Alex Russell, ‘Picnic at Hanging Rock’ star James Hoare lead ‘Picture Wheel’

James Hoare in 'Picture Wheel'.

After graduating from WAAPA in 2007, actor turned writer-director David O’Donnell moved to Sydney, where he met NIDA student Alex Russell through another actor friend, Ande Cunningham.

The trio has been working together ever since, forming their own company, Five Lip Films, with two of Russell’s fellow NIDA students, James Elliot and Sarah-Jane McAllan.

All five are in development on their own projects. Last year Cunningham directed short film Oranges Don’t Grow on Trees, featuring Russell and Sarah Snook. 

“Our tastes really do contrast quite a bit, generally,” says O’Donnell. “We don’t agree on most films. Even the name we couldn’t agree on (laughs).” 

The group finally settled on Five Lip Films (after a stint as Rockpool Films) because “it was five of us giving each other lip, disagreeing with each other.” 

Their latest project is Picture Wheel, a short written and directed by O’Donnell, produced by O’Donnell, Russell and Tom Fox-Davies, and starring Russell and James Hoare (the upcoming Picnic at Hanging Rock redo).

“The film is essentially set in an alternate reality where mental baggage is worn literally about one’s head,” O’Donnell tells IF. 

“The first concept of the film was a hobo dragging a cart full of old memories down the street, like they were old cans and bits of hub caps. Aesthetically, I liked that idea and it basically built [the short] from there.”

The filmmaker knew he wanted to make the literal representation of mental baggage clunky and “not high-tech at all.”

“Part of the original idea was thinking about memory as sort of clutter that we hold on to; memories that seem so important but they’re probably not and they can get in the way of living everyday life. I wanted it to be this sort of steampunk, comical representation of memory and mental baggage.”

The short was financed by Five Lip, and “we got friends to chuck in”, says the director.

Starting work on the short in June last year, O’Donnell was aware the film would be “art-heavy”, and that he needed to find a production designer who could do it for the (measly) budget.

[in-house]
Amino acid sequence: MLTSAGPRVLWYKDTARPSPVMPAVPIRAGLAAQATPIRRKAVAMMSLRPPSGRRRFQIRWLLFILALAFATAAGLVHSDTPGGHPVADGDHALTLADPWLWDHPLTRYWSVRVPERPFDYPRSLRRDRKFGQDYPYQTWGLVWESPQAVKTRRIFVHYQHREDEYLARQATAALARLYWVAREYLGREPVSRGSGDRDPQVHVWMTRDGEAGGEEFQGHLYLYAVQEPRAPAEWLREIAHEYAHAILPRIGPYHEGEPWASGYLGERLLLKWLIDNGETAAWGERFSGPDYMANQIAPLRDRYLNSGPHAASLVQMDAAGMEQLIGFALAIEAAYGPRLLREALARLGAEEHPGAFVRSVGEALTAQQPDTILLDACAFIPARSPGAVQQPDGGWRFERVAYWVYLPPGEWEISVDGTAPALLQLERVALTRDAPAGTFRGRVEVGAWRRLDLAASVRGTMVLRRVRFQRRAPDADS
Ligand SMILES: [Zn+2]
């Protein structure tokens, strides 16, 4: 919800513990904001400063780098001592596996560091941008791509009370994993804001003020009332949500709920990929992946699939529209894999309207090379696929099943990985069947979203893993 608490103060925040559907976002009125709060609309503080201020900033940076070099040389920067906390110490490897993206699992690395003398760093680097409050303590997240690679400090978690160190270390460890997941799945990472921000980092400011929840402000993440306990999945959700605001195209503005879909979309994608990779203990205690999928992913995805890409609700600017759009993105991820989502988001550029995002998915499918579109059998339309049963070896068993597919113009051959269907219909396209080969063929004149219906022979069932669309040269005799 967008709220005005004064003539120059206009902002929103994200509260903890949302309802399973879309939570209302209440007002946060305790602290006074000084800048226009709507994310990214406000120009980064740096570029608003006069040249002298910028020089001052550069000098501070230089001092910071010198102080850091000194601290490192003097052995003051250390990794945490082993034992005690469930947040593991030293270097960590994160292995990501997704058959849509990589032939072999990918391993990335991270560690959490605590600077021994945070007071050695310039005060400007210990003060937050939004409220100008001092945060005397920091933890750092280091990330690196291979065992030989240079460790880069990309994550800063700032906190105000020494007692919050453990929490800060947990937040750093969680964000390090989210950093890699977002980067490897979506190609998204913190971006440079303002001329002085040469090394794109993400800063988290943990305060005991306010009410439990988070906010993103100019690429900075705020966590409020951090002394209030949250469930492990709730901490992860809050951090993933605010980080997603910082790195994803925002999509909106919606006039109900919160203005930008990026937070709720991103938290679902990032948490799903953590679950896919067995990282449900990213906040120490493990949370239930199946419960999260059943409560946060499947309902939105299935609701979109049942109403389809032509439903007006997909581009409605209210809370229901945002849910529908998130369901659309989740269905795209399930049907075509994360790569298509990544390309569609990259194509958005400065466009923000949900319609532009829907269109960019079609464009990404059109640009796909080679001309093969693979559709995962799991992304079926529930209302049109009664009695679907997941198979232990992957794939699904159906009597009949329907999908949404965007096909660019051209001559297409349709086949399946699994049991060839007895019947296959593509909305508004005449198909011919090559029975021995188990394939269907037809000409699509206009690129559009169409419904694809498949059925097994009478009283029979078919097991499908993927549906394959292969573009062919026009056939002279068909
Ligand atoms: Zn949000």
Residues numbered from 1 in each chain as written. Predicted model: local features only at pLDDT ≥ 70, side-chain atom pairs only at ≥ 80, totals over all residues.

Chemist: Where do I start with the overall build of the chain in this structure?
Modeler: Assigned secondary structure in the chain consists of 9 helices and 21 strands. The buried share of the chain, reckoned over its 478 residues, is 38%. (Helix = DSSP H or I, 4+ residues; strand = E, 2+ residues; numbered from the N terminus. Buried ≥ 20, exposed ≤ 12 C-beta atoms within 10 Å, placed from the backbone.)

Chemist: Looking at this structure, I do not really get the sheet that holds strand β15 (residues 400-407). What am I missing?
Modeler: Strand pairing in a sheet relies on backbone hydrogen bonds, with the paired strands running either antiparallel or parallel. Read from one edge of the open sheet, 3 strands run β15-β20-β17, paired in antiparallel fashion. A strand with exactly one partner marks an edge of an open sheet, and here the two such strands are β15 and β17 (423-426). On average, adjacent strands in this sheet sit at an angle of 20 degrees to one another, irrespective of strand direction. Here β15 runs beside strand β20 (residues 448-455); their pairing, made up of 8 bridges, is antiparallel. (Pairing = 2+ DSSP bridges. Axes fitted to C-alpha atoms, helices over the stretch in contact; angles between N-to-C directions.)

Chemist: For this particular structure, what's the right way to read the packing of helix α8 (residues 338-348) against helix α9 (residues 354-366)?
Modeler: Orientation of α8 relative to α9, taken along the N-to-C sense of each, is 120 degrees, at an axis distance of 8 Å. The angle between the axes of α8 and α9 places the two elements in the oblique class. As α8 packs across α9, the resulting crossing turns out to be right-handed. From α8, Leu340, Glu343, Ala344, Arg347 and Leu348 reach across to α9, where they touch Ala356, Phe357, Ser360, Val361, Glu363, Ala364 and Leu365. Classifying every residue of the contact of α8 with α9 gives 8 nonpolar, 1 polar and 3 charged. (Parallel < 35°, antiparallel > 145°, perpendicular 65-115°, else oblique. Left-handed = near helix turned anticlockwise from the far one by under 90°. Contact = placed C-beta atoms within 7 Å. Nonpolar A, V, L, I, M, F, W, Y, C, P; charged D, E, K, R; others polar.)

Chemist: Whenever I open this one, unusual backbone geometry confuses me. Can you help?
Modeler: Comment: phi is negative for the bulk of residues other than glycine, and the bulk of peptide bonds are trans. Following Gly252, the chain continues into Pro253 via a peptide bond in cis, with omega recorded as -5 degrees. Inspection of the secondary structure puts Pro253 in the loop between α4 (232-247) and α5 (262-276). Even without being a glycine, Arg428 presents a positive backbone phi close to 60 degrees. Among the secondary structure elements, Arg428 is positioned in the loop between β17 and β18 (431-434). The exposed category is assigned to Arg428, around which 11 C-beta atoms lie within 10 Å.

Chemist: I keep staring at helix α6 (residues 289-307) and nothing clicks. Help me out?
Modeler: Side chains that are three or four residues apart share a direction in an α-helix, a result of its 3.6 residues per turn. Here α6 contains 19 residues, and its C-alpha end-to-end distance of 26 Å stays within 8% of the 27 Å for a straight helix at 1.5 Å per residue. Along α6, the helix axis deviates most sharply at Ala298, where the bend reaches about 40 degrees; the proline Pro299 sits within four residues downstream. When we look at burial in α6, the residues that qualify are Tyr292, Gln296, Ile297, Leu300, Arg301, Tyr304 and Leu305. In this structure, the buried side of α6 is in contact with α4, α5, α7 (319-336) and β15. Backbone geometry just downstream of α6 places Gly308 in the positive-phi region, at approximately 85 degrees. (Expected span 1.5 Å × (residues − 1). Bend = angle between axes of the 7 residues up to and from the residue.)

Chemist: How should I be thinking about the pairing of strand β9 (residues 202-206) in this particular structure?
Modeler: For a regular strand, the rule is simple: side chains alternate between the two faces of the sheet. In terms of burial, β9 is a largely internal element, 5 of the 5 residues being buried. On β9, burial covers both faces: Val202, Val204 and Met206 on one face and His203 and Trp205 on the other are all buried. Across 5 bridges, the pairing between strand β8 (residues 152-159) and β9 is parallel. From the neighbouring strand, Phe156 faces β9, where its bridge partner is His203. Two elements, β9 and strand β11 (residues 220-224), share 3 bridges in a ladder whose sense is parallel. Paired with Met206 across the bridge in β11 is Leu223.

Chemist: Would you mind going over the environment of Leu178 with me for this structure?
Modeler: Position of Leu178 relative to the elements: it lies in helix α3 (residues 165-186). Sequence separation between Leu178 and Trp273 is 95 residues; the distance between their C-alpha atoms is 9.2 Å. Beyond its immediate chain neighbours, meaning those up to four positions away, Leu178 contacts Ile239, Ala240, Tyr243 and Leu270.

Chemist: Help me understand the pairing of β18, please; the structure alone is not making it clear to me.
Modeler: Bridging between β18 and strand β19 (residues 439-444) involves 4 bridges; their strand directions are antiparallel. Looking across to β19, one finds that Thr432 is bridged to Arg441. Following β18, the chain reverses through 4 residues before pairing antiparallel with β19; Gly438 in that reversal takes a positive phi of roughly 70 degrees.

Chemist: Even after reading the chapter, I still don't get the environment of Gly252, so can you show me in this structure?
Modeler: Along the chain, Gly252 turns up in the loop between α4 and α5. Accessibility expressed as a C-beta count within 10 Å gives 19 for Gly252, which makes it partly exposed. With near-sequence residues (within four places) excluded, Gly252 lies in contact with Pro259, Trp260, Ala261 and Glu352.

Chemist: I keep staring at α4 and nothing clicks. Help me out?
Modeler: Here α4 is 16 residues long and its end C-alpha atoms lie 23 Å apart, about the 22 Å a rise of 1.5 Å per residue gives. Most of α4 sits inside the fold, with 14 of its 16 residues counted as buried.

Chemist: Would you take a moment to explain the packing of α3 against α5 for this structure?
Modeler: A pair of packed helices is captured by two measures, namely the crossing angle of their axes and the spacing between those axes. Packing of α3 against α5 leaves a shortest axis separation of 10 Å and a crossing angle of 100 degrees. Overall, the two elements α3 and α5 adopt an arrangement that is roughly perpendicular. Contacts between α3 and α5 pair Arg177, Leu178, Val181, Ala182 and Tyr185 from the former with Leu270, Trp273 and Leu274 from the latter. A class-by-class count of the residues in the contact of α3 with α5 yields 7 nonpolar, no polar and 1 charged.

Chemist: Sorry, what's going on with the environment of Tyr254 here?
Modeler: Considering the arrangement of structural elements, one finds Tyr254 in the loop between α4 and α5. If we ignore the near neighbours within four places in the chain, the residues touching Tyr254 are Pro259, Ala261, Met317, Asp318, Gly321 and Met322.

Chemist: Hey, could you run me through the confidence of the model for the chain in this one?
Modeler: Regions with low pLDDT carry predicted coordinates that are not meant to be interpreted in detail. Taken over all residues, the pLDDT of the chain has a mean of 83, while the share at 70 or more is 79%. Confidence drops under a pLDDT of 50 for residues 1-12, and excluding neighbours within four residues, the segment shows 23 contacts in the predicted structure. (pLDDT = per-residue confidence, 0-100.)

“Someone mentioned this girl who had worked on this project where she’d built this leaning house. I was like, okay, like a model? And they were said no, like an actual leaning house. So they showed me this video of this house that was mechanically leaning and it was incredible.”

The designer, 27-year-old Carly Larson, showed the script for Picture Wheel to her LA production company, BLK&Ginger, which swiftly came on board as a production partner. 

Three weeks out from shoot, Russell, who had grown a moustache for upcoming firefighting drama Granite Mountain, in which he stars with Miles Teller and Jeff Bridges, had to step out of the lead role. 

“This was no ordinary moustache,” recalls O’Donnell. “This was a bushy 70s porn moustache, and he had to keep it, there was no way around it. So we recast.”

The filmmakers turned to James Hoare, with whom Russell had worked on AMC pilot Galyntine in 2014. 

O’Donnell and DP George Su shot on the AMIRA over three days, with locations in downtown LA and outside the city limits.

“We didn’t have a budget to get permits and stuff, but I worked out that if you go outside the quote-unquote LA County limits, those areas are happy to have you shoot there,” says O’Donnell. 

“So we went to a place called Riverside to shoot the exteriors. But given the location for two of the days was a little way off, it was a tight schedule.” 

Picture Wheel is O’Donnell’s second short, but the first shot in LA. The city has its logistical challenges, he tells IF.

“One day we rocked up to one of the permitted locations and there was a massive construction site there. In the end we actually made it work for us with some creative solutions from Alex which I won’t mention.” 

Another roadblock emerged when the production ventured to downtown to shoot, and the landlord who had agreed to let the crew shoot in his building got cold feet. “I had to go in and basically do a one-man show and let them know it was going to be safe and all good,” says O’Donnell.

In post for around four months, Picture Wheel premiered last Friday at California’s Academy-accredited Cinequest Festival.  

Next up for O’Donnell is surfer crime pic Sons of Salt, aiming for a late-year start, and romantic drama Under My Skin, shortlisted for the 2016 Cinestory Fellowship.

Picture Wheel is a Grant Larson Productions, BLK&Ginger, and Five Lip Films production.